So far the response has been relatively muted from the SME sector which employs the majority of Japanese workers. However, the stalwarts of corporate Japan such as Toyota, Panasonic and Hitachi have all led from the front by increasing employee pay in line with Core CPI inflation or above.
This is a positive development for the nation and should encourage the lower tiers of the business community to follow suit when conditions enable them to do so.
Can household financial assets help guide Japanese shares into clearer waters?
While it is possible that the consumption tax increase will dampen spending over the near term, there are some positives to arise from gradually increasing inflation. One of these is the impact that the aforementioned dynamic are likely to have upon the behaviour of Japanese savers and investors.
Given that JGB’s (Japanese Government Bond) are likely to remain flat due to the ongoing purchase program by the BOJ, while inflation trends upwards; Japanese investors are facing the prospect of negative real returns upon an asset class which has formed the foundation stone of many private and institutional portfolios for decades.
This can be expected to ensure that investors remain as yield hungry as ever throughout the coming years. Already, the government has began to consider altering legislation to allow the national state pension fund to invest into a broader array of asset classes in order for it to avoid the pitfalls of a BOJ dominated bond market.
In addition to this, with the introduction of the NIPPON Individual Savings Account (ISA equivalent) in 2013, Japanese savers are now more incentivised than ever to look toward JPY stocks for investment returns.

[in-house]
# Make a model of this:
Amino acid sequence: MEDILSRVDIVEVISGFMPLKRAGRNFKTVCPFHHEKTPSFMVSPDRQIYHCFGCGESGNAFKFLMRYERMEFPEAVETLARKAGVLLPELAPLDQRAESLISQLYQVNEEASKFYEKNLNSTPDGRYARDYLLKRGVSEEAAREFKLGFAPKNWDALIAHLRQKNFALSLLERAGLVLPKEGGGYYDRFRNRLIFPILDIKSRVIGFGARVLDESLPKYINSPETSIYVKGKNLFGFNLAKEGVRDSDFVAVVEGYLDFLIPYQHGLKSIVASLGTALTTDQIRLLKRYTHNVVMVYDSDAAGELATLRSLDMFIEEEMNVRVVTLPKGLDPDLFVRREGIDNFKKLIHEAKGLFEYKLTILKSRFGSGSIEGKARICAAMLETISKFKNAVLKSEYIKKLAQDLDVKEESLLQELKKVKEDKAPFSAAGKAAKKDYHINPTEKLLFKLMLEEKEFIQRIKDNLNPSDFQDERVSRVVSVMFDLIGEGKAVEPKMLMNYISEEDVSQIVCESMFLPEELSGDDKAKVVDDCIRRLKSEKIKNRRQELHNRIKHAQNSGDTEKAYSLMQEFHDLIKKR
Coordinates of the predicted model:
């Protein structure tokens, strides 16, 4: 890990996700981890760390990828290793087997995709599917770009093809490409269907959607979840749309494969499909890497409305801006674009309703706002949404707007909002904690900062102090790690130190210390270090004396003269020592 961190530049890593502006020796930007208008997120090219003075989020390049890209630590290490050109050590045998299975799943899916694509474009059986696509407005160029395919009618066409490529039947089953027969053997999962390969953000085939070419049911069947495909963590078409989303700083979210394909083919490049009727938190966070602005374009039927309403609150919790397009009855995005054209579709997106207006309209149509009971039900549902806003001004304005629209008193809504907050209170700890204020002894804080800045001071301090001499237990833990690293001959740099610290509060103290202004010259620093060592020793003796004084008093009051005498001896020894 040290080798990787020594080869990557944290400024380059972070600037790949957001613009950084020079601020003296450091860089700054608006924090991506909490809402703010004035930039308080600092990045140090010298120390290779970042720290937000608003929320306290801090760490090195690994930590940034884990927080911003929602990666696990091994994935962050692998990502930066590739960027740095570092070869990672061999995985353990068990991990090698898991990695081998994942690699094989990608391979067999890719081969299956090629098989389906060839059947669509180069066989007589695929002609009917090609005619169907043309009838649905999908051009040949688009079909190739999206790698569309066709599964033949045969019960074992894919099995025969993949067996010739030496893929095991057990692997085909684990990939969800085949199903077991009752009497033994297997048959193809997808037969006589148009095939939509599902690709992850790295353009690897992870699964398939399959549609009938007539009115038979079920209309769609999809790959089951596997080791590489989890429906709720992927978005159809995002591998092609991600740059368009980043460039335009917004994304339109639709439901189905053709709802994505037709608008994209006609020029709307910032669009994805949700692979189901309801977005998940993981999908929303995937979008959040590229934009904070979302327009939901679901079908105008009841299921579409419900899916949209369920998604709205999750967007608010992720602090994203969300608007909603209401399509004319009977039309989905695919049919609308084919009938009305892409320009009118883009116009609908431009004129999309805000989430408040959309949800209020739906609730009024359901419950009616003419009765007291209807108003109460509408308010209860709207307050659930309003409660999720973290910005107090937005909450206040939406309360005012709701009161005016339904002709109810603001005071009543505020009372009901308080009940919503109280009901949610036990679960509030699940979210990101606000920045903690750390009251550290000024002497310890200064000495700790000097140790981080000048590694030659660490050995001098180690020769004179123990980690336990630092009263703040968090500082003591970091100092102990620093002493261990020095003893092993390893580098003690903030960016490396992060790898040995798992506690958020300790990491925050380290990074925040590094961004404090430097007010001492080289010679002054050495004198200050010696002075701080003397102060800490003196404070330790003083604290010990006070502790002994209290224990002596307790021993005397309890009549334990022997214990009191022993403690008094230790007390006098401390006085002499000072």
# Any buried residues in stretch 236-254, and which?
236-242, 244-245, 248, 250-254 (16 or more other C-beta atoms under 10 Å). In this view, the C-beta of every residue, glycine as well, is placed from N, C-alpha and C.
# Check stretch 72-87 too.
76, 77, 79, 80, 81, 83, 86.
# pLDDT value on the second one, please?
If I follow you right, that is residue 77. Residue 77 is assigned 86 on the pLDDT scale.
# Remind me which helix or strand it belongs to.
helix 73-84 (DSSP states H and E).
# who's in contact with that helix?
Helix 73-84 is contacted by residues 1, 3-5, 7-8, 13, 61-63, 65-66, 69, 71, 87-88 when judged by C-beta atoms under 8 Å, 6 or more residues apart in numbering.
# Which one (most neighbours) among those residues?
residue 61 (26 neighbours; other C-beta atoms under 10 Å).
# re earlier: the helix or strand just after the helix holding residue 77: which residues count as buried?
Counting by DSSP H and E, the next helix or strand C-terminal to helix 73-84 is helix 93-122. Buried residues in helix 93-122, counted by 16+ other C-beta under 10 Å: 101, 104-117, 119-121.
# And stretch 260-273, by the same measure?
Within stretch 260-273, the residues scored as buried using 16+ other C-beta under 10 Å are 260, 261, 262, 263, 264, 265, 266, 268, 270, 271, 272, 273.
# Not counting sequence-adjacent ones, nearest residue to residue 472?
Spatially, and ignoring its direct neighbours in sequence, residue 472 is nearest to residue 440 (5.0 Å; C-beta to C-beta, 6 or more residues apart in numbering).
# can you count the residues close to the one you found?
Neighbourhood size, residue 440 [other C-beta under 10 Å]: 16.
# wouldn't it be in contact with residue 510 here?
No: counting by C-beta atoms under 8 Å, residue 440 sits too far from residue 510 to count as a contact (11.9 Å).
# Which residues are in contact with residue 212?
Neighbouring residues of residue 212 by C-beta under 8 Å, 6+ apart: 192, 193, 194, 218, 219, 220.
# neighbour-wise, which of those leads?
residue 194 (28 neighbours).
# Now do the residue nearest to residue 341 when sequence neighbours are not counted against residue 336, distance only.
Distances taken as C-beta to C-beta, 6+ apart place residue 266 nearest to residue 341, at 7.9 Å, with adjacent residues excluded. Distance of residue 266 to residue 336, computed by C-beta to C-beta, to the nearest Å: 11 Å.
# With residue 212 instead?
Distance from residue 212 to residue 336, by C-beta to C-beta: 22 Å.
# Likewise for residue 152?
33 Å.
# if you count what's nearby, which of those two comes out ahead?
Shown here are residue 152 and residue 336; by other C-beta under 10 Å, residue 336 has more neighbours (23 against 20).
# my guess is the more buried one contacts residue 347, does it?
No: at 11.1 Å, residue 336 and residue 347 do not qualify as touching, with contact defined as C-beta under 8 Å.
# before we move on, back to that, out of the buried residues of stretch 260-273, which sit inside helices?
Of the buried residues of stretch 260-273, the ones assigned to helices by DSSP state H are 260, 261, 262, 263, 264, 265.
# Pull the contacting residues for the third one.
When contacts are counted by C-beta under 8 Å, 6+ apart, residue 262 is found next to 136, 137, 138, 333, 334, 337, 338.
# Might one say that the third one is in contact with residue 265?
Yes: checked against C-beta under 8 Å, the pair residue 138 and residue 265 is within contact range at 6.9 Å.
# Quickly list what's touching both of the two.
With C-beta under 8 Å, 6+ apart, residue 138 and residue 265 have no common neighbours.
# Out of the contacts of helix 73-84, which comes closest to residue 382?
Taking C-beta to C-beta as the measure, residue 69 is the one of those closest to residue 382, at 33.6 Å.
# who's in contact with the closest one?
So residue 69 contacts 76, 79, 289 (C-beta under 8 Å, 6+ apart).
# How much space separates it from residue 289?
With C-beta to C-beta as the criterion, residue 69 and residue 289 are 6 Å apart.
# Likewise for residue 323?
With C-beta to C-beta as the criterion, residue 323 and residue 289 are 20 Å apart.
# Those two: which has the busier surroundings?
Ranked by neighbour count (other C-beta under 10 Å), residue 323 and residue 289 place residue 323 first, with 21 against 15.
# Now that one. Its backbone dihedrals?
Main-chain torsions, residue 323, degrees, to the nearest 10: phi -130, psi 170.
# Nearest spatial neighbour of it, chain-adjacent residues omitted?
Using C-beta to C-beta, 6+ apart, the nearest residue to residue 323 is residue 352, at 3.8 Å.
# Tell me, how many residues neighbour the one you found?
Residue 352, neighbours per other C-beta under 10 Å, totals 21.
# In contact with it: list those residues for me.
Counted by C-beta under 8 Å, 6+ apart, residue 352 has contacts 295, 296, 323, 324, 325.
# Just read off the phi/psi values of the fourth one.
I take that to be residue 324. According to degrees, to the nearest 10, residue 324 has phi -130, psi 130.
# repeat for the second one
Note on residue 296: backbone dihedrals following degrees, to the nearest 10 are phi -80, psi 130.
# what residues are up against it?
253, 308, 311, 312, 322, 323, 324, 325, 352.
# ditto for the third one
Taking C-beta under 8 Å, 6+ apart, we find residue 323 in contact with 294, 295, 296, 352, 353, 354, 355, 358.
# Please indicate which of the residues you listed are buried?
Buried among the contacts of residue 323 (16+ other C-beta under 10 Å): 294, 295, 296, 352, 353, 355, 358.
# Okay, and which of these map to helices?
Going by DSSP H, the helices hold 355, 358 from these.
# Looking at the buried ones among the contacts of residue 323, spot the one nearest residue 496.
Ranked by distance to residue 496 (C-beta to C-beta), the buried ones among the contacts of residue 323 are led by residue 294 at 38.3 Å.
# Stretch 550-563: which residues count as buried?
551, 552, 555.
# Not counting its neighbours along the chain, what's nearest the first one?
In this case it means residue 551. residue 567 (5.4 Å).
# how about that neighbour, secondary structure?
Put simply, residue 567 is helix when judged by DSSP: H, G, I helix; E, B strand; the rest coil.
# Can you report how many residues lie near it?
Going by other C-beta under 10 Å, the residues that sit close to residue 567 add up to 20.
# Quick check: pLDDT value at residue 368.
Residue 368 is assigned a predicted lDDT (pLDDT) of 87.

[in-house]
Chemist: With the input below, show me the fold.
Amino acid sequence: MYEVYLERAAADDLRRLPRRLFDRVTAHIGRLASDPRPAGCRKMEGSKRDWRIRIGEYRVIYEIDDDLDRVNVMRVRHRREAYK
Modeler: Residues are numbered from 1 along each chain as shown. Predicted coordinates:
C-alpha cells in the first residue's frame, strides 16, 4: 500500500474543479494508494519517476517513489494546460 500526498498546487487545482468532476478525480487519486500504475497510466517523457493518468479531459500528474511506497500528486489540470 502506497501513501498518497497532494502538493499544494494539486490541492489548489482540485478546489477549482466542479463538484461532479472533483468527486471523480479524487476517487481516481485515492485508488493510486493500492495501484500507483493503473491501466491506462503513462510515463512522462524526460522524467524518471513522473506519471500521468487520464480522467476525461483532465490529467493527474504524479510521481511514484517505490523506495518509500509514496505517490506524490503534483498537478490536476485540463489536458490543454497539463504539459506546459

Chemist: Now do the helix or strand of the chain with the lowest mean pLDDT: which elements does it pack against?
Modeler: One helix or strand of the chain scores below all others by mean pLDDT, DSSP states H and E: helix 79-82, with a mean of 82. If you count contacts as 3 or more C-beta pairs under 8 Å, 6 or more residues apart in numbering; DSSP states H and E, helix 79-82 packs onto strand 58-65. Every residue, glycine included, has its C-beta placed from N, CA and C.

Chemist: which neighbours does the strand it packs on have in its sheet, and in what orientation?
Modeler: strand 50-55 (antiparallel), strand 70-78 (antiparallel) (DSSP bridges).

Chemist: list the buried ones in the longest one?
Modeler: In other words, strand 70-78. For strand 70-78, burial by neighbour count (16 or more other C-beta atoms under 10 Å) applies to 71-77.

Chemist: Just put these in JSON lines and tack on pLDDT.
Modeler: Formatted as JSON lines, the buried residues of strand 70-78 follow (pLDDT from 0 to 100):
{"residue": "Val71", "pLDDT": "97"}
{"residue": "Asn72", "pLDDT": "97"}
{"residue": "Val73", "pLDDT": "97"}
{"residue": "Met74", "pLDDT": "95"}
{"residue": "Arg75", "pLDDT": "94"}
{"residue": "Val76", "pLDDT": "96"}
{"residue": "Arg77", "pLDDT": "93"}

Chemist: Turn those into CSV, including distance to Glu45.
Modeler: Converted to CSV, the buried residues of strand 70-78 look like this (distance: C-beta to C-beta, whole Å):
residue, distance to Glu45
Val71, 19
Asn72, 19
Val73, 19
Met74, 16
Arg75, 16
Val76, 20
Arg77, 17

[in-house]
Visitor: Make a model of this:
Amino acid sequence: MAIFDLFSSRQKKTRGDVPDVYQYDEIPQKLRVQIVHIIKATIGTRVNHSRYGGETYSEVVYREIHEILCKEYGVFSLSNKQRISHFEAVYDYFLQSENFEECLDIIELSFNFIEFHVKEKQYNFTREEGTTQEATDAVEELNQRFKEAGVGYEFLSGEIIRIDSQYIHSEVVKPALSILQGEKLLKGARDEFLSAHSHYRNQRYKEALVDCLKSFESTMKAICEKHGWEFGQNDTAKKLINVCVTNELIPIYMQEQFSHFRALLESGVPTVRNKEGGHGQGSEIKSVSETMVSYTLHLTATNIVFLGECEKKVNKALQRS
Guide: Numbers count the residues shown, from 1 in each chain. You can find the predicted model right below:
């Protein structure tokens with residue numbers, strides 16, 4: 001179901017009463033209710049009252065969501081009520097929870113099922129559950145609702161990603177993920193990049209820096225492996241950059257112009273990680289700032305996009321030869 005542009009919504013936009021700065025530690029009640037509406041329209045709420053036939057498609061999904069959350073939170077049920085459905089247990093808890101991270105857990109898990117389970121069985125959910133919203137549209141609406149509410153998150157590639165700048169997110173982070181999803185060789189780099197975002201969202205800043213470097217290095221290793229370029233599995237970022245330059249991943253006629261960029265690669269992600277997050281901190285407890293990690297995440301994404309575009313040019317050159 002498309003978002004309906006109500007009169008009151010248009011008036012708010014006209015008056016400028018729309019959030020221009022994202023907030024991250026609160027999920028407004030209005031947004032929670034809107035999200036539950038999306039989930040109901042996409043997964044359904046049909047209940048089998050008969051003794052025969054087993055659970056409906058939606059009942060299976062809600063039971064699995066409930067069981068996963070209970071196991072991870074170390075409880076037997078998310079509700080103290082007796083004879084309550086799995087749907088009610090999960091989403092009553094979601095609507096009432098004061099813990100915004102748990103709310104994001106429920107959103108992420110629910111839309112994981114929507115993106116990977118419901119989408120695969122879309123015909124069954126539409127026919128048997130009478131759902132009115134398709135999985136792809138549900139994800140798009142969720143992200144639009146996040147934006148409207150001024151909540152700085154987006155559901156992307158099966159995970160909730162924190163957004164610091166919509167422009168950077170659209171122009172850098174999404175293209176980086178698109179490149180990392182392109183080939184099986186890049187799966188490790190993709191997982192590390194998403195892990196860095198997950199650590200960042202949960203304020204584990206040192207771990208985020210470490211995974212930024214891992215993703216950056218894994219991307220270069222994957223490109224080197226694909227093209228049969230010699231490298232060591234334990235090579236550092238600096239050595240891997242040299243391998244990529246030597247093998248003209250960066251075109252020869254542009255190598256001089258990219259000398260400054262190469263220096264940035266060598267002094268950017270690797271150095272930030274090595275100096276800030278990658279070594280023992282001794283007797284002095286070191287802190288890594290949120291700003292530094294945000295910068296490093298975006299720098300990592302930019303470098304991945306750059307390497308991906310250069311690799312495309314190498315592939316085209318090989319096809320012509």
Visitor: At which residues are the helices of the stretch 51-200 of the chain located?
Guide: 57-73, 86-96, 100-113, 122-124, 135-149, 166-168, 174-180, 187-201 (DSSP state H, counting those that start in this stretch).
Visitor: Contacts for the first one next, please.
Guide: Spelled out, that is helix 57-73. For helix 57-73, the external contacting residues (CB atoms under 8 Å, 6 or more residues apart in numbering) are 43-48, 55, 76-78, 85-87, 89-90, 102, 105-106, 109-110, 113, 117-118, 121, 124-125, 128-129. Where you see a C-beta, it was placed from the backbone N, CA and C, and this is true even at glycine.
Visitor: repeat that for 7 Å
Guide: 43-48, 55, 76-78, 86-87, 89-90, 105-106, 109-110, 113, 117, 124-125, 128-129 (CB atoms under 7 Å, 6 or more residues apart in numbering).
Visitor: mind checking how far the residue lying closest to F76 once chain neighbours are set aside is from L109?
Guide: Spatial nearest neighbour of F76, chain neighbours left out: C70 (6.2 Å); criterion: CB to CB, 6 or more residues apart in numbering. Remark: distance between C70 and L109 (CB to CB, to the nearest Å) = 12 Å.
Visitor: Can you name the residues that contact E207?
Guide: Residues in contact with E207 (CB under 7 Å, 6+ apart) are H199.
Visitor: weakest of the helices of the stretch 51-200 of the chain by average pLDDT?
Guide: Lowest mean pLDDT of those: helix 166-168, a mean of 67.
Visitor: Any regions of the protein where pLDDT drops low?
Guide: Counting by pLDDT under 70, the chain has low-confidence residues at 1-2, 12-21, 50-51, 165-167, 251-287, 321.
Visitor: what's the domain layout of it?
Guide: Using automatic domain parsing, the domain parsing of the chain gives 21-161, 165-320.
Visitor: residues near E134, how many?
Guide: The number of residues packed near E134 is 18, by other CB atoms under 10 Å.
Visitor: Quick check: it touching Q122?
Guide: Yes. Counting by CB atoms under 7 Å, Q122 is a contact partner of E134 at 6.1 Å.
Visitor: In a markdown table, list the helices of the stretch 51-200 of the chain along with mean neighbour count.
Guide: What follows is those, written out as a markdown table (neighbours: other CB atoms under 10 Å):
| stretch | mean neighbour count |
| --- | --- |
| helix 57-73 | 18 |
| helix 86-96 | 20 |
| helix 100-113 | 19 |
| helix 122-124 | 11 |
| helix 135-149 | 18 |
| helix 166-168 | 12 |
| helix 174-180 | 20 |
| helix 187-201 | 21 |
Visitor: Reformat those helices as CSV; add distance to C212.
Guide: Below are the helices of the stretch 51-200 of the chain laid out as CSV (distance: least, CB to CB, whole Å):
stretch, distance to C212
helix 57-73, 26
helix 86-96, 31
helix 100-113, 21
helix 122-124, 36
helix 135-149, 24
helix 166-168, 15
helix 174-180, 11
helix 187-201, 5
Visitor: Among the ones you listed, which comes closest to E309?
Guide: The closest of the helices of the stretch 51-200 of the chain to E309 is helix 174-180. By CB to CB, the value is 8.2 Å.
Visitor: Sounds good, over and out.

If the current interest and inflation dynamics were to instigate portfolio rebalancing en-masse then, given that household financial assets are reported to be in the region of $17 trillion ($8 trillion cash deposits), the price positive effects for Japanese equity markets could potentially be significant.
So what does this mean for investors in Japan?
While Q1 2014 saw existing concerns over Japan lead to the highest level of outflows in foreign capital since 1989, and despite that business confidence indicators continue to point toward lower sales volumes over the remainder of the year; Japan remains an attractive long term proposition in our view.
This is because with JGB yields set to remain lower for longer, retail investors incentivised to consider the stock market for investment and changes in legislation designed to allow pension funds portfolios to include equities as well, there remains longer term support for higher levels on the NIKKEI 225.
In addition to this, any sustained slowdown in Japanese economic indicators will likely be met with further volleys of stimulus from the BOJ over the near to medium term, which would again be price positive for JPY stocks.
Further from here, the current prevailing pessimism surrounding the idea of investing in Japan, we feel, ignores the bigger picture. This is that the government’s main objective concerns fundamental change to the economic infrastructure of the nation and as a result; is likely to require time before sustainable benefits are accrued.
In summary, Shinzo Abe’s grand plan still faces unprecedented challenges over the coming months and will require time before it is likely to yield noteworthy and sustainable results. For this reason, we feel it is too early to write off the Japanese recovery as another failure that is fit only for the history books.
There also remains a strong supporting case for higher levels in Japanese stocks over the months and years ahead. This is while the NIKKEI, despite strong gains over the last 18 months, remains at a significant discount to the levels achieved in 1989 (NIKKEI: 38,978 in 1989 VS 13,986 today).
Whether or not Japanese stocks will return to the highs achieved two decades ago remains to be seen, however; the discount of current prices to these levels could be taken as an indication of the potential gains on offer for investors with positions in the many index tracking funds which are available today.
The contents of this report and the Stockatonia website (https://www.stockatonia.co.uk/